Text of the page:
Archive for March 26th, 2012

Did you know that rather then send the bottom of that onion to compost bin or garbage you can plant it and let it grow to seeds for next seasons garden?  As you bought the onions anyway, the seeds are a free bonus with purchase.  The type of onion doesn’t matter, this can be done with yellow, Spanish, white, reds, scallions or green onions.  This is the method I have used time and again to great results for maintaining a steady supply of onions in garden from home harvested seed.

The first step is removing the rooting base from your onion of choice.  It might already have roots visible such as one in picture, or it might merely have the clump where the roots form. Either is suitable.  Be sure to leave some flesh on the onion, you want approximately 1 1/2 inches to 2 inches of flesh remaining with the root bulb.

Second step, after cutting place onion to side, uncovered or contained for a few hours to a day to let some drying out of the flesh occur.

Third step,  fill your pot 3/4 full with good potting soil slightly moistened.  Insert your onion, root ball side down against the soil and gently twist back and forth to create a well for it to rest in.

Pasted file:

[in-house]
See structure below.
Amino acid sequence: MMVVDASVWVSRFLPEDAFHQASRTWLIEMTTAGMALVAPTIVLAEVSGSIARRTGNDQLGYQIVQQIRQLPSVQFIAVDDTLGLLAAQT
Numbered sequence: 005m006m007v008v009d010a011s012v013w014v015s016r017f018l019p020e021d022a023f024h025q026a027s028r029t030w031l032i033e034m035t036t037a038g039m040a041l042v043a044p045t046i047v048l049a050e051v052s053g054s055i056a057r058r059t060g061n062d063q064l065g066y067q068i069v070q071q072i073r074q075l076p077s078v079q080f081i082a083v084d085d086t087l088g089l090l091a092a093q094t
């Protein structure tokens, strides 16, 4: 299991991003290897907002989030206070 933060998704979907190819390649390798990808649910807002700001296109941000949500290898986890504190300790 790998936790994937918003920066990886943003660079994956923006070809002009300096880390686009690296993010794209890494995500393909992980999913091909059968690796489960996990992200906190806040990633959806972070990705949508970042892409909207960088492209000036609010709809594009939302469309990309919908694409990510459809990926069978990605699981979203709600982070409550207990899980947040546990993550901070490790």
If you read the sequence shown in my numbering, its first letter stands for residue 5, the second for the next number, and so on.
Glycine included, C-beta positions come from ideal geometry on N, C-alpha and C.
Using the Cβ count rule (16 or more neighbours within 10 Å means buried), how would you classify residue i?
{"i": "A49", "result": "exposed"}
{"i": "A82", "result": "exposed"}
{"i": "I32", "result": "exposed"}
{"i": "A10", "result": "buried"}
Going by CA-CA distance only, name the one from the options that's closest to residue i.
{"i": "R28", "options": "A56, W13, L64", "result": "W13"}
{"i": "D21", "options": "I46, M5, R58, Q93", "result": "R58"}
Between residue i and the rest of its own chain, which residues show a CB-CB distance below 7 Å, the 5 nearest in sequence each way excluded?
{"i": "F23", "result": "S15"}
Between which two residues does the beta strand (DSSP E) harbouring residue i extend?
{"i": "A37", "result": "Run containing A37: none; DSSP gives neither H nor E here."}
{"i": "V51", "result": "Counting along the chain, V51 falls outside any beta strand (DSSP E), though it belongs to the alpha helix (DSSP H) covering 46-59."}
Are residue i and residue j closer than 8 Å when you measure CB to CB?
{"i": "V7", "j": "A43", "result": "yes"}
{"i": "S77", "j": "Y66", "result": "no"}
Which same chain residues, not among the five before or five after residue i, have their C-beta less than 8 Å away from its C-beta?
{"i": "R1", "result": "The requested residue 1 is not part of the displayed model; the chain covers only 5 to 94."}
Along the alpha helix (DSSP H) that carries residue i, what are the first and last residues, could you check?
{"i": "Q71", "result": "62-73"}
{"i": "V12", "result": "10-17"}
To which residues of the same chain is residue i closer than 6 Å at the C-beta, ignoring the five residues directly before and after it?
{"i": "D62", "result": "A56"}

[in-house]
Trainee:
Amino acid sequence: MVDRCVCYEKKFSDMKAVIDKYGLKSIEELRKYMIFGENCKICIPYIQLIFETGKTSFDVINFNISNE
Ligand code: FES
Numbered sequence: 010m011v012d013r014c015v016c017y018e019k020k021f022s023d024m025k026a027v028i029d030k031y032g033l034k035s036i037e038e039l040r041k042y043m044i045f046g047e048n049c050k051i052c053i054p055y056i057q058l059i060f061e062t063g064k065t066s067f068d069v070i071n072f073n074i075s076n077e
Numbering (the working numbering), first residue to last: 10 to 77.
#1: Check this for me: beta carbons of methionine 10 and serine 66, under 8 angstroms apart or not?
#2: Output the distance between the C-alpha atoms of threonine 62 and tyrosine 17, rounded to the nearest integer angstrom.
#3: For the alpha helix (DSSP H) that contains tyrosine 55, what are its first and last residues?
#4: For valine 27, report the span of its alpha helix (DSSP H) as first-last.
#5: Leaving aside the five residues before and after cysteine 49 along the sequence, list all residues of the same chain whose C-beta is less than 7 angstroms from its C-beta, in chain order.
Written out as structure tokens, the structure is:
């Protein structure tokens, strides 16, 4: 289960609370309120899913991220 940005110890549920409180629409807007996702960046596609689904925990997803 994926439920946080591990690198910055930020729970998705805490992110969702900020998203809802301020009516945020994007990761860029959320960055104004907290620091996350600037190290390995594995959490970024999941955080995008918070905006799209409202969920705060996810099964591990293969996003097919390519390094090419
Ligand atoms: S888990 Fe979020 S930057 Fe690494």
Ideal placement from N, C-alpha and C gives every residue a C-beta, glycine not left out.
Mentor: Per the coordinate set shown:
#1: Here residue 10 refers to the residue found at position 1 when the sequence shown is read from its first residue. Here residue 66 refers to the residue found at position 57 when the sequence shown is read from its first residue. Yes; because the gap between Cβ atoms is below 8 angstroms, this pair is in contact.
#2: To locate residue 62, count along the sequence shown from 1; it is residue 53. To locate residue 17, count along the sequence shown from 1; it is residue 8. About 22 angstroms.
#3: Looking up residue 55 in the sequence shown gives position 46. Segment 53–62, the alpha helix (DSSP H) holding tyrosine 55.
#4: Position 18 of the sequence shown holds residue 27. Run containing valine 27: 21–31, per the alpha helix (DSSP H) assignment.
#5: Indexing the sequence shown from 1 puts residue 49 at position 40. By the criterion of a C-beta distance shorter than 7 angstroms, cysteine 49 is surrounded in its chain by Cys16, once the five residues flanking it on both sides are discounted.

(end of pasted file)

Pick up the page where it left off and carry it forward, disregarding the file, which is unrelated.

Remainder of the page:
Fourth step, cover with soil 1 to 2 inches deep over onion root ball.

Fifth step, water as needed and keep in well lit location.

Sixth step, be patient..it takes a couple weeks for the new roots to grow and set and a few more for new leaves to sprout. 

Seventh step,  Once leaves are visible remove new onion plant from starter pot and replant.  Either in a larger pot inside or directly into your garden.  The old onion will become “mushy” as it breaks down.  You can choose at this time to remove it or to allow it to stay.  I just let mine stay as it provides added nutrients as it breaks down.

And there you have it,  how to grow a new onion from a discarded onion base.   Once the onion stalk grows it will seek to flower and then seed.  These seeds can be gathered to use in your garden for next years harvest.

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